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Date: Wed, 11 Feb 2015 15:12:51 -0500
From: Rich Felker <>
To: "" <>
Cc: Szabolcs Nagy <>,,
	"" <>,
	"" <>,
	Marcus Shawcroft <>,
	"" <>,
	Andrew Pinski <>,
	"" <>
Subject: Re: Re: [PATCHv3 00/24] ILP32 support in ARM64

On Wed, Feb 11, 2015 at 08:50:06PM +0100, wrote:
> > > At least for AArch64 ILP32 we are still free to change the user/kernel
> > > ABI, so we could add wrappers for the affected syscalls to fix this up.
> > >
> >
> > yes, afaik on x32 the 64bit kernel expects 64bit layout,
> > arm64 can fix this
> We have to fix it on all 32-bit architectures when we move to 64-bit time_t.
> I think ideally you'd want a user space definition like
> typedef long long time_t;
> struct timespec {
>       time_t tv_sec;
>       long long tv_nsec;
> };
> which is the only way to avoid passing uninitialized tv_nsec into the kernel
> from arbitrary user space doing ioctl. This is of course against POSIX and
> C99. Changing POSIX to allow it is probably easier than the C standard,
> but we have a couple of years before we need to make this the default.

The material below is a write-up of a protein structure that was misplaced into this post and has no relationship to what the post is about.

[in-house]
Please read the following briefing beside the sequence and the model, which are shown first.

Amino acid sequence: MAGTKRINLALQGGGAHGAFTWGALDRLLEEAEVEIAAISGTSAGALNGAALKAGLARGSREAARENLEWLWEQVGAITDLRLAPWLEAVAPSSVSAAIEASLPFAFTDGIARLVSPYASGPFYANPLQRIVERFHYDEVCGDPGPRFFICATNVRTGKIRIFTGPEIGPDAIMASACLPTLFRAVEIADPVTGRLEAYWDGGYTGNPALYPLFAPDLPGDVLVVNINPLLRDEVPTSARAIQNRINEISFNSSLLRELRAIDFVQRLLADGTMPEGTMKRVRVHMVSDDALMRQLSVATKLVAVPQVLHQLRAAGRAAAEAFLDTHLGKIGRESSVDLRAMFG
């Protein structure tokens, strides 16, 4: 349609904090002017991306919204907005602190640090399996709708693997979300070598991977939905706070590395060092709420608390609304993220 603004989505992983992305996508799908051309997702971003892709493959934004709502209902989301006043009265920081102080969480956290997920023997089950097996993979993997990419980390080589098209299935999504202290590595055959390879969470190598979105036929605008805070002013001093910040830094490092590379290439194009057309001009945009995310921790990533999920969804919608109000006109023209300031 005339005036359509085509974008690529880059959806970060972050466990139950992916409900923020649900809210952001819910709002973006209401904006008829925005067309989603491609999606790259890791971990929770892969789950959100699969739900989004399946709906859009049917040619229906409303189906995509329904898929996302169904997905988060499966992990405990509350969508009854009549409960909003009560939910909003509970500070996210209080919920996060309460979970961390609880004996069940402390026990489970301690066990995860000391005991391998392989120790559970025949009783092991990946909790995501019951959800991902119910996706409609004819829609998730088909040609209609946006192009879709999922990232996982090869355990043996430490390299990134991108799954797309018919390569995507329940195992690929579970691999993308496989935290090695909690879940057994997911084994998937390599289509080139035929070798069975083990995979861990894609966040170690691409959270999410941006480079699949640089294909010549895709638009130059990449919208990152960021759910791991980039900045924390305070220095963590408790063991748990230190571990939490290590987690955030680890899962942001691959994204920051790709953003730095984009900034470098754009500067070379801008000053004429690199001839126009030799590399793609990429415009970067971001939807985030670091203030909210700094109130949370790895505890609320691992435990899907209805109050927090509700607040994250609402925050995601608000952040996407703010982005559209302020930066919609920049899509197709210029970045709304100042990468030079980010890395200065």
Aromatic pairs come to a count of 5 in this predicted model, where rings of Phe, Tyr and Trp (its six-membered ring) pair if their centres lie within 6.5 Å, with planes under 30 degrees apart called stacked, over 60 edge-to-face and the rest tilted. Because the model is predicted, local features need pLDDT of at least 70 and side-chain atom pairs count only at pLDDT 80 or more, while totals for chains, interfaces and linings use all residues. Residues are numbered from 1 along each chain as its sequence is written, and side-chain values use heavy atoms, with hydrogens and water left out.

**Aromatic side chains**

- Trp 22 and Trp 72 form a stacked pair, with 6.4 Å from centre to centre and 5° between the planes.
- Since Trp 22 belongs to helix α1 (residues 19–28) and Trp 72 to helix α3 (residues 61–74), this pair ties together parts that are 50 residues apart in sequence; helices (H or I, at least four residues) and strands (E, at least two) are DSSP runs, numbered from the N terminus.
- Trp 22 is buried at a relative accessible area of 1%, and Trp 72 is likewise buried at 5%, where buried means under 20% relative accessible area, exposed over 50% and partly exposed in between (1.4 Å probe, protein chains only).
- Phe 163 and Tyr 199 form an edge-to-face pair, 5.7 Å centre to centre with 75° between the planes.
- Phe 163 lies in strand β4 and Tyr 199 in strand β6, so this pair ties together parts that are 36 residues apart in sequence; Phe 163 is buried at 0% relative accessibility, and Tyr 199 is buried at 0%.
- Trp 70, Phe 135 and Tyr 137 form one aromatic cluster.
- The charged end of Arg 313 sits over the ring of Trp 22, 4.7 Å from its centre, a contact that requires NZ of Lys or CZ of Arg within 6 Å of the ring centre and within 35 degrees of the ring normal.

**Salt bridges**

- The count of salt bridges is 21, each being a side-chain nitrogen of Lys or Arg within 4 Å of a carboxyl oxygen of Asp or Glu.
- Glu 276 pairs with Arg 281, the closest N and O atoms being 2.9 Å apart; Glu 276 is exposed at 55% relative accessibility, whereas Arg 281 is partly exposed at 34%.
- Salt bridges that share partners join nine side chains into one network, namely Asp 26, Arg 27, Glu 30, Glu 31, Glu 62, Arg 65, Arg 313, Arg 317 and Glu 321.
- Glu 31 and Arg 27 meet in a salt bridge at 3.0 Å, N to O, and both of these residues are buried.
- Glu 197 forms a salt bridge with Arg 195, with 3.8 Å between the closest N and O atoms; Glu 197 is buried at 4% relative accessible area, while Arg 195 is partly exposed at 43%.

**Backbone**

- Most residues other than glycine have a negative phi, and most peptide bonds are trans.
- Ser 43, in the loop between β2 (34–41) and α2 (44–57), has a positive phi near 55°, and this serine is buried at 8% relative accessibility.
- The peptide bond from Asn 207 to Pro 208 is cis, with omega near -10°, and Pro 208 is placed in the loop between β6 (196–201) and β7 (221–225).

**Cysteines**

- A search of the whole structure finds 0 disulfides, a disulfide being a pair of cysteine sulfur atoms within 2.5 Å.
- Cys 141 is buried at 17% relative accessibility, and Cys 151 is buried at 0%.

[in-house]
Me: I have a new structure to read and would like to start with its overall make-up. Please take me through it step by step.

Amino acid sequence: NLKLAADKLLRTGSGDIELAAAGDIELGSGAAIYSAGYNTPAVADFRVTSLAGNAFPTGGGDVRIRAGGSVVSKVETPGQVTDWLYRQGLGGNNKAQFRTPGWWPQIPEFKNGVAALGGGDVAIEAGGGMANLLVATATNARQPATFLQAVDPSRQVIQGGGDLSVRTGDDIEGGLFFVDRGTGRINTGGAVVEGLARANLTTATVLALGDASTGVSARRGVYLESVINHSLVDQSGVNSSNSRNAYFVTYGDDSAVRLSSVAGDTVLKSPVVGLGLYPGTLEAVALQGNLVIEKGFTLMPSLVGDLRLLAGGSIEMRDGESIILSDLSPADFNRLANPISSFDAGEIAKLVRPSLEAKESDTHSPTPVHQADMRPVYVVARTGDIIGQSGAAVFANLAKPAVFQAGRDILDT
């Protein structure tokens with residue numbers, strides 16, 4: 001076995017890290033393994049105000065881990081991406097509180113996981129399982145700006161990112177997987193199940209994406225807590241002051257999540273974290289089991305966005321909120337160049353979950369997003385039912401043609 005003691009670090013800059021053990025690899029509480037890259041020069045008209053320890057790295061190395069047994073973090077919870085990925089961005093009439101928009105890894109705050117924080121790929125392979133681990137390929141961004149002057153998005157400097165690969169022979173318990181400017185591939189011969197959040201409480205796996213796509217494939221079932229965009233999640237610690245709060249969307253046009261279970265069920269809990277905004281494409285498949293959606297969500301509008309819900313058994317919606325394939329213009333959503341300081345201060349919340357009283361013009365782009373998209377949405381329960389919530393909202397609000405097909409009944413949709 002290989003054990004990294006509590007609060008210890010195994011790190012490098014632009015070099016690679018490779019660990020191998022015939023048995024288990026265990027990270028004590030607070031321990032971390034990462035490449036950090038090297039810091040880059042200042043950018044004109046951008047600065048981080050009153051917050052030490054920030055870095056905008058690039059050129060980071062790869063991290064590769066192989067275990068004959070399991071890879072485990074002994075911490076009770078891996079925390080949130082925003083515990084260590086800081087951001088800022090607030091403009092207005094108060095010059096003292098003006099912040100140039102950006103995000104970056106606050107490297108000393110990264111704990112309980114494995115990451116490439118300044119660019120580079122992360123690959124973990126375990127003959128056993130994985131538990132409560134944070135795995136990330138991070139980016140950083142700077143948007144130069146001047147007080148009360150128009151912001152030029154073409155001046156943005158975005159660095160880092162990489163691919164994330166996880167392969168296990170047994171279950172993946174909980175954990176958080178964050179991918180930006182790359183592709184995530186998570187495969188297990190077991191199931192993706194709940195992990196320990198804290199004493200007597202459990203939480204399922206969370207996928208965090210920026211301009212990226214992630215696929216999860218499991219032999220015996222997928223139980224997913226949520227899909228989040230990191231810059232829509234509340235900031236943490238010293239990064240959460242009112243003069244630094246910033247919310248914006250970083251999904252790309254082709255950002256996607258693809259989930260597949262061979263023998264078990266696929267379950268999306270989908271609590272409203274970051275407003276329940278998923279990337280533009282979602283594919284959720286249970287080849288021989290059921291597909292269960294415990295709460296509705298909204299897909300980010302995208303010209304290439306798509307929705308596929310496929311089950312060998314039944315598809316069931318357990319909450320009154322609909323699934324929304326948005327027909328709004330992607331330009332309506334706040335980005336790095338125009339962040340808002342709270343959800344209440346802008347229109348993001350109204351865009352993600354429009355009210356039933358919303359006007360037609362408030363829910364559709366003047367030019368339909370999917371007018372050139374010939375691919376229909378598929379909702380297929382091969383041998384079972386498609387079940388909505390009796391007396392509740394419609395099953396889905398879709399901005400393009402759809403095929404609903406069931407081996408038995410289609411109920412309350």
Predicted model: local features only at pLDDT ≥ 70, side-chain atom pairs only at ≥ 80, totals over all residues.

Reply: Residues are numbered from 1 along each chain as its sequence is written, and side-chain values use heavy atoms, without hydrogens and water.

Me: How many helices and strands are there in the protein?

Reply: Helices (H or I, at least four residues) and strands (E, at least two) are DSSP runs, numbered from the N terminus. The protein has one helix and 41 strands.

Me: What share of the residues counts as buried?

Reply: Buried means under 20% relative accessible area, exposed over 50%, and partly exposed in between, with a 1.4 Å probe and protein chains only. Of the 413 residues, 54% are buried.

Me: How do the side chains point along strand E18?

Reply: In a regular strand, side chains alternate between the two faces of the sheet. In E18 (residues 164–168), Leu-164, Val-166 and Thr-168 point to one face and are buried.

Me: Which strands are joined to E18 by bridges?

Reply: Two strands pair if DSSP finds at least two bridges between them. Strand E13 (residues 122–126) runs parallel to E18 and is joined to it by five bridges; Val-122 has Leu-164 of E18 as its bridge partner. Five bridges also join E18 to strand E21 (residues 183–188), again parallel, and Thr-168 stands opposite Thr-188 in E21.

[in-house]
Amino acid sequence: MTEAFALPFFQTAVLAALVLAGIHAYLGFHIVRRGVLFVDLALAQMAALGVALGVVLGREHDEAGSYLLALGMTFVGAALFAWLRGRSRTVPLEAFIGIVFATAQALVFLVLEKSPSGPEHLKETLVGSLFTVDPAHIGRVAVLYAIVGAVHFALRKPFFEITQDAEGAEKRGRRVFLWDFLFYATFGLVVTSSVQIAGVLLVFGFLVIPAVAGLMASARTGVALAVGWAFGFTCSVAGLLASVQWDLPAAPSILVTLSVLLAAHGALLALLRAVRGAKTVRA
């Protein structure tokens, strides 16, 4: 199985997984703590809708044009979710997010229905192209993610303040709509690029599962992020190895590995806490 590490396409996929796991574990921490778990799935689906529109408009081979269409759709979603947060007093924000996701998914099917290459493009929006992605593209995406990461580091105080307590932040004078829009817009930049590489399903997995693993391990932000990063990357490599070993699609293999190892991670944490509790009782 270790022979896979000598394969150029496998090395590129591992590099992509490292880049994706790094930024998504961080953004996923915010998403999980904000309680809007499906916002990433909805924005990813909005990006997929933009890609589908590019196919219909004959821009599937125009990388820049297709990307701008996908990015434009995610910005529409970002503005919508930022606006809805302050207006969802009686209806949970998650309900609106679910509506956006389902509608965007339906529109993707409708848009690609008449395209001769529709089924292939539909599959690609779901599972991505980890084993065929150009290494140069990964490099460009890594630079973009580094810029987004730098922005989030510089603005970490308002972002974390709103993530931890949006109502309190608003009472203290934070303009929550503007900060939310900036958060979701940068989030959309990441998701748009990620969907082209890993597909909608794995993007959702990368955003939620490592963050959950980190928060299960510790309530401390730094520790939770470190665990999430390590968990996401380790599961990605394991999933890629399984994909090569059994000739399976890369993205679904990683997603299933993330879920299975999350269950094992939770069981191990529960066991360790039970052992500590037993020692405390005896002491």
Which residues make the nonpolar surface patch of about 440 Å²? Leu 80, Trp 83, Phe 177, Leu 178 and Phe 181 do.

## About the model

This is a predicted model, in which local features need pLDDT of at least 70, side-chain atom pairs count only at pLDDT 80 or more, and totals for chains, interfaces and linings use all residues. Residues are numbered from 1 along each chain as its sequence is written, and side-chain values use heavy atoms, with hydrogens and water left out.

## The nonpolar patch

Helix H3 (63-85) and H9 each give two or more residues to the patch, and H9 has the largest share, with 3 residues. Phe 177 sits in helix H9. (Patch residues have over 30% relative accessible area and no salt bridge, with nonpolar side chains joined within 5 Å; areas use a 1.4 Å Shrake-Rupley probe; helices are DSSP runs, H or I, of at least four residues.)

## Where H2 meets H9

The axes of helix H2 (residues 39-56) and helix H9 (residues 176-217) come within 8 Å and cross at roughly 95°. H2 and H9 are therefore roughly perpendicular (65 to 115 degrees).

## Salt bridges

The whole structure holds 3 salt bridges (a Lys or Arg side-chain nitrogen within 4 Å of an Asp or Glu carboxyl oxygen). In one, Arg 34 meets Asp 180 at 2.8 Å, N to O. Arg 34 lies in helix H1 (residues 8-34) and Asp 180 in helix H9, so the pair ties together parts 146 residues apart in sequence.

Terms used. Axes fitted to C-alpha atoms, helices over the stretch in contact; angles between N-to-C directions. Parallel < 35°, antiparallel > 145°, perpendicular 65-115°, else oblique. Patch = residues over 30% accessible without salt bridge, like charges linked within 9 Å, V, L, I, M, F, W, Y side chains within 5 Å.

I don't see why you want it to be long long. There is no harm in
passing uninitialized padding to the kernel; the kernel just needs to
do the right thing and ignore it (or avoid reading it to begin with).
Changing the C standard in an incompatible way that invalidates
existing code is not preferable over fixing an implementation bug in
one implementation. Even if C16 or so changed the requirement, people
will still be looking to C11 (and even C99) for years or decades to
come. Alignment of code to language standards moves slowly.

The other direction, passing uninitialized data from the kernel to
userspace, would be dangerous. But it doesn't happen as long as the
userspace padding is positioned (in an endian-dependent manner) where
the high bits of the kernel type would lie. It could happen if you
used a separate conversion wrapper that ony wrote 32 bits, but if you
wanted to take that approach you'd just need the wrapper to also write
the padding field manually.

> In the kernel headers, the current plan is to provide interfaces taking
> structures 
> typedef long long __kernel_time64_t;
> struct __kernel_timespec64_t {
>       __kernel_time64_t tv_sec;
>       long long tv_nsec;
> };
> at least for ioctls, to avoid the ambiguity with libc headers specifying
> something else.

This seems hideous from an application standpoint. Application
programmers don't want to know, and shouldn't need to know, these
silly implementation details that make no sense except as historical
baggage. They should just be able to use "struct timespec" everywhere
and have it work.


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